• The vision measuring machine 12 includes a moveable workpiece stage 32 and an optical imaging system 34 which may include a zoom lens or interchangeable lenses. The zoom lens or interchangeable lenses generally provide various magnifications for the images provided by the optical imaging system 34. The machine vision inspection system 10 is generally comparable to the QUICK VISION® series of vision systems and the QVPAK® software discussed above, and similar state-of-the-art commercially available precision machine vision inspection systems. The machine vision inspection system 10 is also described in commonly assigned U.S. Patent Nos. 7,454,053 , 7,324,682 , U.S. Patent Application Serial No. 12/343,383, filed December 23, 2008 , and 12/608,943, filed October 29, 2009 . U.S. Patent Application No. 12/343,383 , published as US-B-8, 111, 938 discloses automatically focusing a machine vision inspection system utilizing coaxial and stage light.
  • FIGURE 2 is a block diagram of a control system portion 120 and a vision components portion 200 of one embodiment of a machine vision inspection system 100 including features disclosed herein. As will be described in more detail below, the control system portion 120 is utilized to control the vision components portion 200. The vision components portion 200 includes an optical assembly portion 205, light sources 220, 230 and 240, and a workpiece stage 210 having a central transparent portion 212. The workpiece stage 210 is controllably movable along X and Y axes that lie in a plane that is generally parallel to the surface of the stage where a workpiece 20 may be positioned. The optical assembly portion 205 includes a camera system 260, an interchangeable objective lens 250, and may include a turret lens assembly 280 having lenses 286 and 288. Alternatively to the turret lens assembly, a fixed or manually interchangeable magnification-altering lens, or a zoom lens configuration, or the like, may be included. The optical assembly portion 205 is controllably movable along a Z-axis that is generally orthogonal to the X and Y axes, by using a controllable motor 294, as described further below.
  • A workpiece 20, or a tray or fixture holding a plurality of workpieces 20, which is to be imaged using the machine vision inspection system 100 is placed on the workpiece stage 210. The workpiece stage 210 may be controlled to move relative to the optical assembly portion 205, such that the interchangeable objective lens 250 moves between locations on a workpiece 20, and/or among a plurality of workpieces 20. One or more of a stage light 220, a coaxial light 230, and a surface light 240 may emit source lights 222, 232, or 242, respectively, to illuminate the workpiece or workpieces 20. The source light is reflected or transmitted as workpiece light 255, which passes through the interchangeable objective lens 250 and the turret lens assembly 280 and is gathered by the camera system 260. The image of the workpiece(s) 20, captured by the camera system 260, is output on a signal line 262 to the control system portion 120. The light sources 220, 230, and 240 may be connected to the control system portion 120 through signal lines or busses 221, 231, and 241, respectively. To alter the image magnification, the control system portion 120 may rotate the turret lens assembly 280 along axis 284 to select a turret lens, through a signal line or bus 281.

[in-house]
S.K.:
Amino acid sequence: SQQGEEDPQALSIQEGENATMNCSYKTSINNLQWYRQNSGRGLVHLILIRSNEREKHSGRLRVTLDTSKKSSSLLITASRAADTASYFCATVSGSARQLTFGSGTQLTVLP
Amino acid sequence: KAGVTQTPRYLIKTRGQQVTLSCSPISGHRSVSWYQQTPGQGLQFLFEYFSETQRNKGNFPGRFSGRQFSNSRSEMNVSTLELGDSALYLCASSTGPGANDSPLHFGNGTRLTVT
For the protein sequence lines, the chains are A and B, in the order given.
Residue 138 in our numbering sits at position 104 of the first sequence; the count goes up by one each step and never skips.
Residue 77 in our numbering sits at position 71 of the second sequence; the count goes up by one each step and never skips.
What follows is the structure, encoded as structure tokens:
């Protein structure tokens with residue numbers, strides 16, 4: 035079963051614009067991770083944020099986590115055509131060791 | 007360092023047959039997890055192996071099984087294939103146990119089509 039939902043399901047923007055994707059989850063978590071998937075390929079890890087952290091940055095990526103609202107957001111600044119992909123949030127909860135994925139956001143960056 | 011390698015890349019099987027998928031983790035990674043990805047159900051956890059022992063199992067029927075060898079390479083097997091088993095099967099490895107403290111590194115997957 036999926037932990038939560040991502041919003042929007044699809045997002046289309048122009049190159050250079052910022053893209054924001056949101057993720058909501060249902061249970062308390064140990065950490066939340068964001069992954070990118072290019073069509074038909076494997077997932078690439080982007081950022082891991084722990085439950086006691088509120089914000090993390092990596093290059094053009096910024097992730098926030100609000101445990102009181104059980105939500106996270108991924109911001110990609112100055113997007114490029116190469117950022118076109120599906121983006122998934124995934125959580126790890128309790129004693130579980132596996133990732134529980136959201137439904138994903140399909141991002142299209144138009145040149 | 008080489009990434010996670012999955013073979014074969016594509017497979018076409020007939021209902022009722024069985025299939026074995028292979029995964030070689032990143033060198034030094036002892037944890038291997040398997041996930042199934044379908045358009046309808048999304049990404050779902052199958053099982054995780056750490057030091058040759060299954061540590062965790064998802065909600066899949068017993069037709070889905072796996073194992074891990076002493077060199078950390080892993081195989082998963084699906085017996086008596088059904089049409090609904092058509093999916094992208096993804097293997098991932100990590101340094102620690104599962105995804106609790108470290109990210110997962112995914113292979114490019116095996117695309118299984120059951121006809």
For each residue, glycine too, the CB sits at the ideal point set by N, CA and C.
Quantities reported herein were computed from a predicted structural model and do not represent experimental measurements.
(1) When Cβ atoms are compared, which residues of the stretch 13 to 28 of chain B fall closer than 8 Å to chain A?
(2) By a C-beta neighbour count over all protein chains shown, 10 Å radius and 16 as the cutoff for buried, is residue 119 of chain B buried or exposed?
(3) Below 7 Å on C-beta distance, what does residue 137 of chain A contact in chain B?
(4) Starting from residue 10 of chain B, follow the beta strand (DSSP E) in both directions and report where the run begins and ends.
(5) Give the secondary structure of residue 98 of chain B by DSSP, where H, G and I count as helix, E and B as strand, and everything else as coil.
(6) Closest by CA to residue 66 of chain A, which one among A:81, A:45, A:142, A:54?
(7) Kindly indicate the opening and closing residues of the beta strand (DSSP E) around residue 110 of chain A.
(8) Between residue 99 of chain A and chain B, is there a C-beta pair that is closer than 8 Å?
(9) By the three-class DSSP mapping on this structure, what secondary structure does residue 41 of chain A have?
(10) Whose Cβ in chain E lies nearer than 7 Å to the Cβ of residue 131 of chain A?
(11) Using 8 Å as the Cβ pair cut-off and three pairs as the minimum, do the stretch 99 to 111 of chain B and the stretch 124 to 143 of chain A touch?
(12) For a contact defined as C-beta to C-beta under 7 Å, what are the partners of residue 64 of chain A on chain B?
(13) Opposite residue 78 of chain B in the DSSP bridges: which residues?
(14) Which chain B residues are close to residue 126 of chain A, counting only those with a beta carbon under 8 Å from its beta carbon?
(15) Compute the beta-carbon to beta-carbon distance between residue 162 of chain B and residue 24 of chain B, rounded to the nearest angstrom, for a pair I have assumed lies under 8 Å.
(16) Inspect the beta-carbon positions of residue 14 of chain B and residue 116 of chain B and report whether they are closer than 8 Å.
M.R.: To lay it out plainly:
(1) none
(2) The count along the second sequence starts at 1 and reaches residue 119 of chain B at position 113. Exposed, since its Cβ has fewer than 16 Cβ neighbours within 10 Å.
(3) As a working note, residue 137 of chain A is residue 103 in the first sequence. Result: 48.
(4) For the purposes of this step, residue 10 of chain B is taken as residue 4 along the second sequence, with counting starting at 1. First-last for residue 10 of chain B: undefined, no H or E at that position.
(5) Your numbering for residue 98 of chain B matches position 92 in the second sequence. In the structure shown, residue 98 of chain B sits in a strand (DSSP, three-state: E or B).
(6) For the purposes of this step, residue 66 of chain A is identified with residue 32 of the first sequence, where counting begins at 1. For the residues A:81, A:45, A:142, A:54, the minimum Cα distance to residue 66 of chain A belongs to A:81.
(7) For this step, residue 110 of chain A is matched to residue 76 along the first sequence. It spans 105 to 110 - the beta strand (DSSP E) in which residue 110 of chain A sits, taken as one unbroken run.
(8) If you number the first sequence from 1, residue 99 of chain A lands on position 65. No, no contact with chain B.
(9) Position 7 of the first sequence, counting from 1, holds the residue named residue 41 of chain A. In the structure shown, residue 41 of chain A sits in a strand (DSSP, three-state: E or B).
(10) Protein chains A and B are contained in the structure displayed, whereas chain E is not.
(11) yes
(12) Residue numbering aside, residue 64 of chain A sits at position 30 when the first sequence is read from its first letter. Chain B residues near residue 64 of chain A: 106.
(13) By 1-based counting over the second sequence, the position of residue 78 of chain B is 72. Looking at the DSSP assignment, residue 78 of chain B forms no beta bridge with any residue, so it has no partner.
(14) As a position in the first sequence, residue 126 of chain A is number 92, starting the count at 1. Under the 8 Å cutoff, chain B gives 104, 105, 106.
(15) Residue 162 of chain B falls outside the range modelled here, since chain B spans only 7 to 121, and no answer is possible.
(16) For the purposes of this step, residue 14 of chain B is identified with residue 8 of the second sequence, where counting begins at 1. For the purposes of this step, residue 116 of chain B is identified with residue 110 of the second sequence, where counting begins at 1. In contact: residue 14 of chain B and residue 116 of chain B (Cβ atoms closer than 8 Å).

• In various exemplary embodiments, the optical assembly portion 205 is movable in the vertical Z-axis direction relative to the workpiece stage 210 using a controllable motor 294 that drives an actuator, a connecting cable, or the like, to move the optical assembly portion 205 along the Z-axis to change the focus of the image of the workpiece 20 captured by the camera system 260. The term Z-axis, as used herein, refers to the axis that is intended to be used for focusing the image obtained by the optical assembly portion 205. The controllable motor 294, when used, is connected to the input/output interface 130 via a signal line 296.
  • As shown in FIGURE 2, in various exemplary embodiments, the control system portion 120 includes a controller 125, the input/output interface 130, a memory 140, a workpiece program generator and executor 170, and a power supply portion 190. Each of these components, as well as the additional components described below, may be interconnected by one or more data/control buses and/or application programming interfaces, or by direct connections between the various elements.